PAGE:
Griffin examines political equality in new book

Author: Arts and Letters


John D. Griffin, assistant professor of political science at the University of Notre Dame, is co-author of “Minority Report: Evaluating Political Equality in America,” recently released by the University of Chicago Press.

One of the first books to compare the representation of African-Americans and Latinos to that of whites, “Minority Report” contends that congressional decisions and federal policy tend to mirror the preferences of whites better than those of either minority group, even after accounting for income disparities.

Griffin and co-author Brian Newman of Pepperdine University use different measures of political equality to reveal which groups get what they want from government and what factors lead to their successes. They illustrate the surprising degree to which group population size, an issue’s level of importance, the race or ethnicity of an office-holder, and electoral turnout can affect how well government action reflects the views of each person or group. The book goes beyond statistical analyses to address the root question of what equal representation really means.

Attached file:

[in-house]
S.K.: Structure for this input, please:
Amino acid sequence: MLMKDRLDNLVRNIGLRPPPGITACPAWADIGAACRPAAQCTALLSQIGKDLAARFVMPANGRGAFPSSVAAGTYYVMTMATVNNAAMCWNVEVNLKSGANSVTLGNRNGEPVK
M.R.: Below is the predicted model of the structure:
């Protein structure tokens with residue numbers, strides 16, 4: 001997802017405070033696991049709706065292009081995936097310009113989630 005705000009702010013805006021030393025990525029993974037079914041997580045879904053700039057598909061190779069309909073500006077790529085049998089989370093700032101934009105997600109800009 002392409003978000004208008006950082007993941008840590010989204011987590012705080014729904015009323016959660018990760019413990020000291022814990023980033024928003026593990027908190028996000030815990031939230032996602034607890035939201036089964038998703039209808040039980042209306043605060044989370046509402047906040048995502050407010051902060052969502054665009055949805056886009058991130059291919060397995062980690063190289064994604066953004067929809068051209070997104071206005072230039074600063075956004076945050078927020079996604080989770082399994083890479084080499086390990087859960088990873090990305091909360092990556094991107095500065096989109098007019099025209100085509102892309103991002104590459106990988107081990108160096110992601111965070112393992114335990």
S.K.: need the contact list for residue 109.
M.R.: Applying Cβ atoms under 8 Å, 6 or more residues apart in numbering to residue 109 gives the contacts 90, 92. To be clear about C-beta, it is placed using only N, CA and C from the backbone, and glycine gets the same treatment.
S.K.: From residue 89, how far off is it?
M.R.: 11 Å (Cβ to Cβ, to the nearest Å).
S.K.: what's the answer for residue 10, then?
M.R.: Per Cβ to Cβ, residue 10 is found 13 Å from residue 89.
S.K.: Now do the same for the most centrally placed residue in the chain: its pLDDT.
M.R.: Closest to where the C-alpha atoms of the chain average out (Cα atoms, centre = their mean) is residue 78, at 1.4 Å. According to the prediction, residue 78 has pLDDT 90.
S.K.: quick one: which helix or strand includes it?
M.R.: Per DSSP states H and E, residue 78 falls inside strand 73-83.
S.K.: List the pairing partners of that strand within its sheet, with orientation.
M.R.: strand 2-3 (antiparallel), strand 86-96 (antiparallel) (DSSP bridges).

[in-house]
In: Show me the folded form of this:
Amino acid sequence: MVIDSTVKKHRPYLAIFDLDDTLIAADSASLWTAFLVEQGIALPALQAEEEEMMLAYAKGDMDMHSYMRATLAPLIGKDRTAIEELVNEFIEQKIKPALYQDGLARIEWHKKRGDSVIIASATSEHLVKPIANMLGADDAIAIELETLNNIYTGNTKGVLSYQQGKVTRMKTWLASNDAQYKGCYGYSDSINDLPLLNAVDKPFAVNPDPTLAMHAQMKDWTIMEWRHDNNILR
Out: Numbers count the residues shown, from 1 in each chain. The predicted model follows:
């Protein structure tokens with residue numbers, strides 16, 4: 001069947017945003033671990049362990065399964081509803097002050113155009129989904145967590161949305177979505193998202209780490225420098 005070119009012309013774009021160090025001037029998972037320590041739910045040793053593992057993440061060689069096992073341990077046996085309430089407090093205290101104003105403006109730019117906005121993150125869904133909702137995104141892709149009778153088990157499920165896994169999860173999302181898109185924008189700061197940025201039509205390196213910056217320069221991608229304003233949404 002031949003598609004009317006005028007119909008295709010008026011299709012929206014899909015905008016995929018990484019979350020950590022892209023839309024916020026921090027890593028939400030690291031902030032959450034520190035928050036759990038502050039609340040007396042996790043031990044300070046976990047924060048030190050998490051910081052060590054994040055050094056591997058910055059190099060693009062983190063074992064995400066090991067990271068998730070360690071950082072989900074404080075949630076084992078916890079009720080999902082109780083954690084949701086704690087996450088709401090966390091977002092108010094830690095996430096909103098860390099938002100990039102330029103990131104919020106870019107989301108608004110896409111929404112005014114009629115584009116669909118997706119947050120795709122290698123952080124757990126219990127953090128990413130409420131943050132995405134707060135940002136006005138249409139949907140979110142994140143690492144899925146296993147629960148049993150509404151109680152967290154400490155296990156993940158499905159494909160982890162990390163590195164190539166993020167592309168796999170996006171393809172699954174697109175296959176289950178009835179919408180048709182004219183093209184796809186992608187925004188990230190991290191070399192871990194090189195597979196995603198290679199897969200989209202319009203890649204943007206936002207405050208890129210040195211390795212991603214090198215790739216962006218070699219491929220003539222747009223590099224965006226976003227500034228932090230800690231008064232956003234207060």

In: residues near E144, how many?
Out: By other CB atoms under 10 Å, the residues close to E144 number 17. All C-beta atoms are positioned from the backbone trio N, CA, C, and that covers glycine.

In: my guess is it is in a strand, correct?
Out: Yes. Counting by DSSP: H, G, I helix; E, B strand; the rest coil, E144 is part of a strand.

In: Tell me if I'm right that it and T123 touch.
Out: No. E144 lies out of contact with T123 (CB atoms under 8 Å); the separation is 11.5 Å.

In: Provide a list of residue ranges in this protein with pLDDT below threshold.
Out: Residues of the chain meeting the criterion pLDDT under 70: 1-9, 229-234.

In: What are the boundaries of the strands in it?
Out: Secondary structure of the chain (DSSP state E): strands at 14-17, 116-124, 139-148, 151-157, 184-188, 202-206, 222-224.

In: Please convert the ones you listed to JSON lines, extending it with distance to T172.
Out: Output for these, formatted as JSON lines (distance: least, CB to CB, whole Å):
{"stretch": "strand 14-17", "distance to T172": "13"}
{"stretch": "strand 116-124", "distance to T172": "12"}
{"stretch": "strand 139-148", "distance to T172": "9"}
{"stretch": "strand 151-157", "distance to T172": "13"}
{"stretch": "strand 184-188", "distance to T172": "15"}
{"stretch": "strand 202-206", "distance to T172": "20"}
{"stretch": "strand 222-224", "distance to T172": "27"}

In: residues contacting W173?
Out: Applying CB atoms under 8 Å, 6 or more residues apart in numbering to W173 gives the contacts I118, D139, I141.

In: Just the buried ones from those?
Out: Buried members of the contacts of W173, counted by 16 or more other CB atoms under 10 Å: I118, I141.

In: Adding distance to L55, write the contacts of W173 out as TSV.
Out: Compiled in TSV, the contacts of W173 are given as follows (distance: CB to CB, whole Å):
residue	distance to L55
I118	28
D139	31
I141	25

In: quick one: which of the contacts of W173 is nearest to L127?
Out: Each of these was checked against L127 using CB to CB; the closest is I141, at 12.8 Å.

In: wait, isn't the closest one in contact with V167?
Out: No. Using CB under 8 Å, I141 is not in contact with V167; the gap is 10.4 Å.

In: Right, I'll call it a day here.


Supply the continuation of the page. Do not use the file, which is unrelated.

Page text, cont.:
Griffin specializes in the study of political equality within American political institutions, especially the U.S. Congress. His work has appeared in the American Journal of Political Science, the Journal of Politics, Legislative Studies Quarterly and Social Science Quarterly. Currently, he is writing a book on political parties and the emergence of democracy in the American South.

A member of the Notre Dame faculty since 2002, Griffin earned his doctorate from Duke University.

Contact: John D. Griffin, 574-631-7659,

Originally published by Shannon Chapla at on May 08, 2008.